08 February 2013

"Sometimes fellowship is better than a fight. Sometimes not."

Every Friday, to commemorate the stellar contributions to internet apologetics and punditry made by our founder and benefactor, Phil Johnson, the unpaid and overworked staff at TeamPyro presents a "Best of Phil" post to give your weekend that necessary kick.

This excerpt is from the original PyroManiac blog back in September 2005.  Phil discusses the dilemma of when to engage in doctrinal debate, and when to set it aside.

As usual, the comments are closed.

One thing you'll quickly notice if you make even a casual study of historical theology is this: the history of the church is a long chronicle of doctrinal development that runs from one profound controversy to the next.

In one sense it is sad that the history of the church is so marred by doctrinal conflicts, but in another sense that is precisely what the apostles anticipated. Even while the New Testament was still being written, the church was contending with serious heresies and dangerous false teachers who seemed to spring up everywhere. This was so much a universal problem that Paul made it one of the qualifications of every elder that he be strong in doctrine and able to refute those who contradict (Titus 1:9). So the church has always been beset by heretics and false teachings, and church history is full of the evidence of this.

Obviously, then, we who love the truth cannot automatically shy away from every fight over doctrine. Especially in an era like ours when virtually every doctrine is deemed up for grabs, Christians need to be willing and prepared to contend earnestly for the faith.

On the other hand, even in an obsessively "tolerant" age such as ours, the opposite danger looms large as well. There are some people who are always spoiling for a fight over little matters, and no issue is too trivial for them to overlook. It seems they are looking for reasons to take offense, and if you're not careful what you say or how you say it, they'll throw a major hissy. More often than not, it's an insignificant issue, an unintentional slight, or an inadvertently indelicate "tone" that provokes the tantrum. (Ironically, these same folks are sometimes more than willing to tolerate major doctrinal errors in the name of "charity.")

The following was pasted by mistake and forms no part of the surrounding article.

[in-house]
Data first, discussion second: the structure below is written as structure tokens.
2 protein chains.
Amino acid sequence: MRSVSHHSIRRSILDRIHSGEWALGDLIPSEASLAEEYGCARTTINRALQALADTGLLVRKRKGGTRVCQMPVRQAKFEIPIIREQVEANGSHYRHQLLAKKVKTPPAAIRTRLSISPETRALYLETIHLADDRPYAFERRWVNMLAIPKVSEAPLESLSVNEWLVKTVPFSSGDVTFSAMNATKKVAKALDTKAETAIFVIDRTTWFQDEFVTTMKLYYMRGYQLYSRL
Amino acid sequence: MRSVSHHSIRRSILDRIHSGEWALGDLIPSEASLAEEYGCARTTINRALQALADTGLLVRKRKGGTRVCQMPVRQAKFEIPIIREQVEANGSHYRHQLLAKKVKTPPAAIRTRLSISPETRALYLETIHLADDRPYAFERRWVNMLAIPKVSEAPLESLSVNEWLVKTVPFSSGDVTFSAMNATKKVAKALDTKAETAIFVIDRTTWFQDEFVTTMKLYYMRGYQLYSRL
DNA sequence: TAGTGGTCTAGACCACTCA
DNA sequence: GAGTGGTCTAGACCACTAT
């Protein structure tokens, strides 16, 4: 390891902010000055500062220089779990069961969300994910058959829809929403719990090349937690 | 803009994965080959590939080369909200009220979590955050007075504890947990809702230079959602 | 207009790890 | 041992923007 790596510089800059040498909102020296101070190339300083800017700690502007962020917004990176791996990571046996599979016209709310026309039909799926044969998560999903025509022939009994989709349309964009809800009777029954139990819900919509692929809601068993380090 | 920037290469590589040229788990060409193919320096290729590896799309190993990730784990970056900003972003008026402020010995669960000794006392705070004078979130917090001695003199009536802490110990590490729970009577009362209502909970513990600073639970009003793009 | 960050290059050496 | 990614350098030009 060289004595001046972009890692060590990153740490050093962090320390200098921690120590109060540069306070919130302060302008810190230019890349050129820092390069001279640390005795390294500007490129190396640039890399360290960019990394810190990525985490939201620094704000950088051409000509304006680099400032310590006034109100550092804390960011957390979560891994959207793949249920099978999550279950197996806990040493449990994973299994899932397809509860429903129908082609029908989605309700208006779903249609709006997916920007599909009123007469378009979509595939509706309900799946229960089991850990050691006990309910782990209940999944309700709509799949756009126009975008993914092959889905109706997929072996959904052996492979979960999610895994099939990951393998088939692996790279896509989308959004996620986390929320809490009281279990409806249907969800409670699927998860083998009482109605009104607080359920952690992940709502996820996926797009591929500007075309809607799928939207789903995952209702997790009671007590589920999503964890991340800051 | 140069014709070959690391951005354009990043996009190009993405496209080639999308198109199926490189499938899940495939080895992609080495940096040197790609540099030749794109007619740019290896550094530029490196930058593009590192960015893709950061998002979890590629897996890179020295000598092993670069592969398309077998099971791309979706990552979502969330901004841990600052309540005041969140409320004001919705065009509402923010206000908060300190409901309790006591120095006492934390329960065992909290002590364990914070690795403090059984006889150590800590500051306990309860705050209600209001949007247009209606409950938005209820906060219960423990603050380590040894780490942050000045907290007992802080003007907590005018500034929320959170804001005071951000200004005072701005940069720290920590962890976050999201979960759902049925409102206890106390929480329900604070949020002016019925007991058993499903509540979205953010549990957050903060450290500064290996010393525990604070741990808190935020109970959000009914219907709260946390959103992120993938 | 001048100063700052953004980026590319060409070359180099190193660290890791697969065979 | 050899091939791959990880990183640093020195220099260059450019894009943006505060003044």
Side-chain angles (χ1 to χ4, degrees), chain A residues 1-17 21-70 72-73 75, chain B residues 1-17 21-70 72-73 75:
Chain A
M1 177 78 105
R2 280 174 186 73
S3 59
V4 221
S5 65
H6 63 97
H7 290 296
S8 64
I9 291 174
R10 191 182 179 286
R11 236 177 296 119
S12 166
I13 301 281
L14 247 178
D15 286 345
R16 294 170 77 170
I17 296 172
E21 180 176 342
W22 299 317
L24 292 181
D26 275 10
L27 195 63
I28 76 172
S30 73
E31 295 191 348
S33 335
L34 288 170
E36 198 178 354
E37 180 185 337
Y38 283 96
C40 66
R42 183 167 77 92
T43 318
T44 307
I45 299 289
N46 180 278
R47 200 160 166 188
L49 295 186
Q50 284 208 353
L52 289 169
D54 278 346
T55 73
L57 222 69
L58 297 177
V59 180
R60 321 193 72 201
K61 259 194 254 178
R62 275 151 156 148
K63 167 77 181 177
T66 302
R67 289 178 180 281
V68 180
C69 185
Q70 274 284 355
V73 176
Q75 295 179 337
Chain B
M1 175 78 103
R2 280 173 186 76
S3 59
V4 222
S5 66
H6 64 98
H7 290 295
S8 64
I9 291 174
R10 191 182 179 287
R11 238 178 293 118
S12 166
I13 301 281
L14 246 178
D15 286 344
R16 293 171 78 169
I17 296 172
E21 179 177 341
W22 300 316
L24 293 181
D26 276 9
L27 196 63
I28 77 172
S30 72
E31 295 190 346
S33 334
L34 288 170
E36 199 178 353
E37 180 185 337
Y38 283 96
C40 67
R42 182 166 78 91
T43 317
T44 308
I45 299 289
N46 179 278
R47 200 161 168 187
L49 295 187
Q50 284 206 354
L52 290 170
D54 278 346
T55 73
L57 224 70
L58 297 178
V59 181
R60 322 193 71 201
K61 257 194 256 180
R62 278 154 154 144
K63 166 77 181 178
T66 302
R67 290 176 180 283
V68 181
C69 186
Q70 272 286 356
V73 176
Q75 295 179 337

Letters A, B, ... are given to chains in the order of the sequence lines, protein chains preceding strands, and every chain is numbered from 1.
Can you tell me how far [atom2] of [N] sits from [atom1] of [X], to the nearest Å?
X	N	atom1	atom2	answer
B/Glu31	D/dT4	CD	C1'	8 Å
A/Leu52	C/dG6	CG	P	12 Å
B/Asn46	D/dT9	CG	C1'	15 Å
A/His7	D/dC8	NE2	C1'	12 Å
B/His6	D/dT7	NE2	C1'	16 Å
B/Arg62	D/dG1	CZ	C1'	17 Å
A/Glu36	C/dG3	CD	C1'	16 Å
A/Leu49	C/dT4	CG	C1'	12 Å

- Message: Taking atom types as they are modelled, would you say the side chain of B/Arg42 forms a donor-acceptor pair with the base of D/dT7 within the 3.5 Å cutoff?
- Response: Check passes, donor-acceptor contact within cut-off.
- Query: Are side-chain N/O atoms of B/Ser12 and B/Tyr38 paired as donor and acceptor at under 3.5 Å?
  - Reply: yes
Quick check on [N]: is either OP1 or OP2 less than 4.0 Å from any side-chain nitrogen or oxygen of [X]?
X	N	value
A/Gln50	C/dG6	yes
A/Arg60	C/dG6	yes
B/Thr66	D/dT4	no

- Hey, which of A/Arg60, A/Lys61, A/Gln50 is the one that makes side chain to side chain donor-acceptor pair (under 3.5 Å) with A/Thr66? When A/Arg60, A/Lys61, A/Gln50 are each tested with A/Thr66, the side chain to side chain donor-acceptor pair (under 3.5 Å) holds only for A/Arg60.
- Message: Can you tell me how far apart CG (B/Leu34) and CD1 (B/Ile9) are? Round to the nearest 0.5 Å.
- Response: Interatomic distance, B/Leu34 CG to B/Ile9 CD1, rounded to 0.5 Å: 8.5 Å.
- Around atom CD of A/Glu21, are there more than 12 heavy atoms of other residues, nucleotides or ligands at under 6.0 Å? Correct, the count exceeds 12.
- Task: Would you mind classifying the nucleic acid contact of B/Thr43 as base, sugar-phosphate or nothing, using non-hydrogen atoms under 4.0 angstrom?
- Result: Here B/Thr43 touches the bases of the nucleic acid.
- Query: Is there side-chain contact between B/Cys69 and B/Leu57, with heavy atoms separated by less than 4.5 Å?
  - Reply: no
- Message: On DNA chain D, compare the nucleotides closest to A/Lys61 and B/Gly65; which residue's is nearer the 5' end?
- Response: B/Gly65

Scripture includes all the following commands: "If it be possible, as much as lieth in you, live peaceably with all men" (Romans 12:18). "It was needful for me to write unto you, and exhort you that ye should earnestly contend for the faith which was once delivered unto the saints" (Jude 3). "If there come any unto you, and bring not this doctrine, receive him not into your house, neither bid him God speed: For he that biddeth him God speed is partaker of his evil deeds" (2 John 10-11). "I beseech you, brethren, mark them which cause divisions and offences contrary to the doctrine which ye have learned; and avoid them" (Romans 16:17). "Him that is weak in the faith receive ye, but not to doubtful disputations" (Romans 14:1). "Follow peace with all men, and holiness" (Hebrews 12:14).

Clearly, there are two extremes to be avoided. One is the danger of being so narrow and intolerant that you create unnecessary divisions in the body of Christ. The other is the problem of being too broad-minded and sinfully tolerant—so ecumenically minded that you settle for a shallow, false unity with people whom we are commanded to avoid or whose errors we are morally obligated to refute.

It would seem that the only way to be faithful to all the above commands is to have a sound and biblical understanding of how to distinguish between core doctrines and peripheral ones.

But search for serious material that carefully discusses biblical guidelines for making such distinctions wisely, and you'll come up mostly dry. This is an issue I fear most Christians have not considered as soberly and carefully as we should, and it would be my assessment that one of the crying needs of the church in this age of mindless postmodern subjectivity is a clear, careful, and thorough biblical understanding of when it's time to fight and when it's time to fellowship.